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4 Mar 2013

Can You See The Bright Side?

Today I got an email about my last PGCE interview.  Didn't get in.  Sure I'm disappointed but after a while that started to disappear.  I thought about the pros to going back to work in September rather than university:

1) Next September I could have the chance to work in Key Stage 2 if I ask for that opportunity and see what years 3 to 6 are like.
2) Another year of experience.
3) Another year of earning.
4) I get to participate in the events and celebrations I love studying with the children at work again.
5) Another year to really get to know the wider issues, keep up to date with educational changes, and the jargon.

Being disappointed will just hold you back.  We're all going to be dealing with this.  As aspiring authors we're all hoping for that agent to get in touch either to say they want to represent you or that they're getting you published.

There'll be rejections.  But look on the bright side of it.  What can you do at the moment that authors can't? You don't have deadlines.  You have your personal one but your time and goals are your own.  You don't have to be fretting over sales.  You don't have to be fretting over bad reviews.  Take it as a chance to learn and see what agents are really looking for.  It's another chance to just improve what you already know and can do.  

We'll all get there.  Just don't let rejection hold you back and see the positive side to it.  

6 comments:

  1. You've got a great way of looking at things.

    And you're right - gaining more experience can only be a good thing. And who knows what the future holds? A friend of mine wound up teaching in China after he didn't make it onto a PGCE course.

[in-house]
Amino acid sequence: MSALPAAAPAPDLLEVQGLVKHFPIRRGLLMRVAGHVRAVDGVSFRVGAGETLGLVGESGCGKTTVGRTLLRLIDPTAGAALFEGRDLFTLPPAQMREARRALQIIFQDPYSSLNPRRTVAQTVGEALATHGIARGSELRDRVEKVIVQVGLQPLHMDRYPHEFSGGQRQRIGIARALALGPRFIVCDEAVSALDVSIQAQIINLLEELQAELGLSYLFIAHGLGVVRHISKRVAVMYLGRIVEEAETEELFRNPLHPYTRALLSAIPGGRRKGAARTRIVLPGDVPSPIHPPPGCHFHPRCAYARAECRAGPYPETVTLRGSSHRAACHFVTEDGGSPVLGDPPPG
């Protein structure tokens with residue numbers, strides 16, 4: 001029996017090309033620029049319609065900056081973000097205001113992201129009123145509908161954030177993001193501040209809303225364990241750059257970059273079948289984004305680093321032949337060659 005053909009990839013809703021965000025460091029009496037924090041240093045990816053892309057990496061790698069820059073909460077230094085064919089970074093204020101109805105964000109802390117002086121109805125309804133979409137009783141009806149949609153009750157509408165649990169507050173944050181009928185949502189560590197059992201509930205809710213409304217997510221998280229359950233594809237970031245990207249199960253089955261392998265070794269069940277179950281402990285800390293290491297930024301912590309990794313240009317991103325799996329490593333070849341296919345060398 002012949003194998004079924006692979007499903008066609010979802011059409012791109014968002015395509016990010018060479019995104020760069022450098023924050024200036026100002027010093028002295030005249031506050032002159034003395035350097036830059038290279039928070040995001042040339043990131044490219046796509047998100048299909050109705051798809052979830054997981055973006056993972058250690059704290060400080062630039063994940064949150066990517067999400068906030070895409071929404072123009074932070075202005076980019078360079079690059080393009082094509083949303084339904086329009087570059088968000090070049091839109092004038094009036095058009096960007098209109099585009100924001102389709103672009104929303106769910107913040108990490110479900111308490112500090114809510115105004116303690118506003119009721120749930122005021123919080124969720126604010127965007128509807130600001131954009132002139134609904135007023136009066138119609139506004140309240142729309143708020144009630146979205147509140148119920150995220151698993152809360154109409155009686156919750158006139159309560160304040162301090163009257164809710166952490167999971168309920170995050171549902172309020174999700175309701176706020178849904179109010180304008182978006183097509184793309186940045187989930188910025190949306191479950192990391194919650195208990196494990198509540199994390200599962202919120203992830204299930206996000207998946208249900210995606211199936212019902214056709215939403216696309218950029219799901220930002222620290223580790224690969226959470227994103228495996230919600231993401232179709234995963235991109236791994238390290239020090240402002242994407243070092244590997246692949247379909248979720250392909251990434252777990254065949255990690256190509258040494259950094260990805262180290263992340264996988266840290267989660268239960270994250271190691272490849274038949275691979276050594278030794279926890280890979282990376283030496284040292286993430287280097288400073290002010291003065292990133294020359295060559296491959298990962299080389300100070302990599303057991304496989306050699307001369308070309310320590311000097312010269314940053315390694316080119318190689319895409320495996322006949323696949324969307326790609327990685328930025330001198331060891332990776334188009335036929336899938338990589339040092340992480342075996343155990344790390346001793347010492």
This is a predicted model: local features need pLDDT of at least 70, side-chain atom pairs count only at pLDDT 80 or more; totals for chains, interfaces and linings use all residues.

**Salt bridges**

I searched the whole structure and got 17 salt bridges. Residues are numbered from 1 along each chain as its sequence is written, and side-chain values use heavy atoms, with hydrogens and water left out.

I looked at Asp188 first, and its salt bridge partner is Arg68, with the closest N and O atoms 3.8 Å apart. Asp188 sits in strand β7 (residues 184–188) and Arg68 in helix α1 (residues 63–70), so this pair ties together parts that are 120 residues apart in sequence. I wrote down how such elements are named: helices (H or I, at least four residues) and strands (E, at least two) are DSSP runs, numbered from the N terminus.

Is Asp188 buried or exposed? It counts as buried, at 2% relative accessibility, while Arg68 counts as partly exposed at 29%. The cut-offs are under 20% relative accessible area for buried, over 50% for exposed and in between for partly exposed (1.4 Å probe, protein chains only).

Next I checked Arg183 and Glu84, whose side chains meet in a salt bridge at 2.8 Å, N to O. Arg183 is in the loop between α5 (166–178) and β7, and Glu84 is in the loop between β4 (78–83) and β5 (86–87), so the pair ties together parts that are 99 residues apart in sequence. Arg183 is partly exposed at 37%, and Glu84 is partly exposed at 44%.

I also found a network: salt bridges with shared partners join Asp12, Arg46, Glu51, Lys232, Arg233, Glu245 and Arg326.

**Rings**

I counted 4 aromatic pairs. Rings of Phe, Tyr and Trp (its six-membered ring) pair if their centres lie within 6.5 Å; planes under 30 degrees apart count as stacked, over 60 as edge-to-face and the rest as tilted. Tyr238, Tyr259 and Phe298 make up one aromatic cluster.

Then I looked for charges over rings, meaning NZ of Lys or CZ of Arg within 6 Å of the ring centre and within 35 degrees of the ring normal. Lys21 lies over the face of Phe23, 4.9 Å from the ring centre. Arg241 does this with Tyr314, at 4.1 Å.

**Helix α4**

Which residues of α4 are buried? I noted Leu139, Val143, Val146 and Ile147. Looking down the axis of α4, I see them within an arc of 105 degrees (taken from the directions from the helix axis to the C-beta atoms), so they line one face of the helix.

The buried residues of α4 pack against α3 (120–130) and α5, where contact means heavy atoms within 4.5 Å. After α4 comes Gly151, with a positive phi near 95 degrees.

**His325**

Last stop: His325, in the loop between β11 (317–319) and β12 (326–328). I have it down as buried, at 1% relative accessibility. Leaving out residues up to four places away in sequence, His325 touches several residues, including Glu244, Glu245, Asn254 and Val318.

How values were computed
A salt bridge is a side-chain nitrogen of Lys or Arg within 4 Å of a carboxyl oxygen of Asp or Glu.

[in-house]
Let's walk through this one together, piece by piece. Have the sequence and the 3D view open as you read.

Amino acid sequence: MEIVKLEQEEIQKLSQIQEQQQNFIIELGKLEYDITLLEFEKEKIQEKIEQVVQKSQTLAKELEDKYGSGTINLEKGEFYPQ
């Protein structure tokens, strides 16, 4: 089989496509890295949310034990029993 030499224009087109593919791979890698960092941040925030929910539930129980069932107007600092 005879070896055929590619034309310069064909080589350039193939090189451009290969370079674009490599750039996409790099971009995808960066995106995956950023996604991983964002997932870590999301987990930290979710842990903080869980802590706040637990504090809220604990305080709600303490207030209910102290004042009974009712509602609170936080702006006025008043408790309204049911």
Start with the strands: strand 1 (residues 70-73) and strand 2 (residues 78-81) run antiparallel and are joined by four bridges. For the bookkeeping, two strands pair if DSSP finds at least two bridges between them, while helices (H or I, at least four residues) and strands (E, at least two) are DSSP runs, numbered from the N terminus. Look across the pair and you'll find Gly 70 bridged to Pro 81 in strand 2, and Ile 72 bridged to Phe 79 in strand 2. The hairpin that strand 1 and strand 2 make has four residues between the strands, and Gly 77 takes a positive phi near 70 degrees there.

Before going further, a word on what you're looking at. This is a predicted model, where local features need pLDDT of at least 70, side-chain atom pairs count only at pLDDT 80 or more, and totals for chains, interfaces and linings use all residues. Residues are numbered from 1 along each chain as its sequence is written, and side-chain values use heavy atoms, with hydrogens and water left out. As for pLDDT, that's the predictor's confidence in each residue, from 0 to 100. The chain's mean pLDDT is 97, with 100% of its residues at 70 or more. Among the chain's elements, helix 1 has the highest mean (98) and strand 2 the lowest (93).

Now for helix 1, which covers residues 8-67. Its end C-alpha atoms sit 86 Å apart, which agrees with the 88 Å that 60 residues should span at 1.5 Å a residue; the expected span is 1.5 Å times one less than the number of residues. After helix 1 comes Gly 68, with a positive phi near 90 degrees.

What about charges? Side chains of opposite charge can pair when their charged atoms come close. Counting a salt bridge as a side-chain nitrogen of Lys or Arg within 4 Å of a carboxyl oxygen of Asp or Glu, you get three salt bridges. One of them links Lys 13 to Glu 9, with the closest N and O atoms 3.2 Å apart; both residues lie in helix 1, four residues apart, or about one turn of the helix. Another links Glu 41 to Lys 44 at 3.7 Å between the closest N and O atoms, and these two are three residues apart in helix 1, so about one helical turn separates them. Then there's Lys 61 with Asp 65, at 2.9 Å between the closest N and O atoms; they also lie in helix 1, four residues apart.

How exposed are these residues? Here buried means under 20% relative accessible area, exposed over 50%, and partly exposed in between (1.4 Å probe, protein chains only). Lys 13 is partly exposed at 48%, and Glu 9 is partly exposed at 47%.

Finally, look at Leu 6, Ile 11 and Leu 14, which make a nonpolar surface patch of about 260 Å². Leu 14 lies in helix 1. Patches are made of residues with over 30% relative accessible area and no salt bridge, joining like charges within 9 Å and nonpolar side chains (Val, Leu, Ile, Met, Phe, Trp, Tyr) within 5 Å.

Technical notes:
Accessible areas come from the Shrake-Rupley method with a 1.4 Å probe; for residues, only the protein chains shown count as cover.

Life's all about the adventure and the unexpected!

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    1. Haha, it's been hard to but what's the point in sitting around and moping? It gives me a chance to do another year group in September which I'm really looking forward to now. :)

      Pete's been telling me maybe this is a sign to say that I can still concentrate on my writing and get that polished and sent off. Something I probably won't be able to do much with an intensive one year PGCE course. ^^ Who knows?

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  2. Such a good way to think about it, and I totally agree. Every time you get rejected for something is just another opportunity for you to take the time and improve. So that next time, you don't get rejected--or you get another, even better opportunity!

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    1. Exactly. :) It's not a personal attack. Just another chance to get better. Deffo something I'm going to do for my next PGCE application and I'd do it for any manuscript that got rejected. :)

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  3. Sorry you didn't get in, Robin, but you're right. We've to work with what we've got, not pine away our lives over what we want. That doesn't mean we can't plan and dream--and indeed, we should. We should always have something we're aiming toward. But we should be looking for ways to grow in the here-and-now, with the resources and opportunities already at our disposal.

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    1. We still need our dreams to keep going. :)

      I'm guessing how hard it could be to try and get another story sorted when you're in the middle of publishing another one. At least when you're still querying and looking you have a chance to polish up other manuscripts in your own time. It would certainly be an advantage to have quite a few drafts done and polished when that first one is coming out. Less stress for sure.

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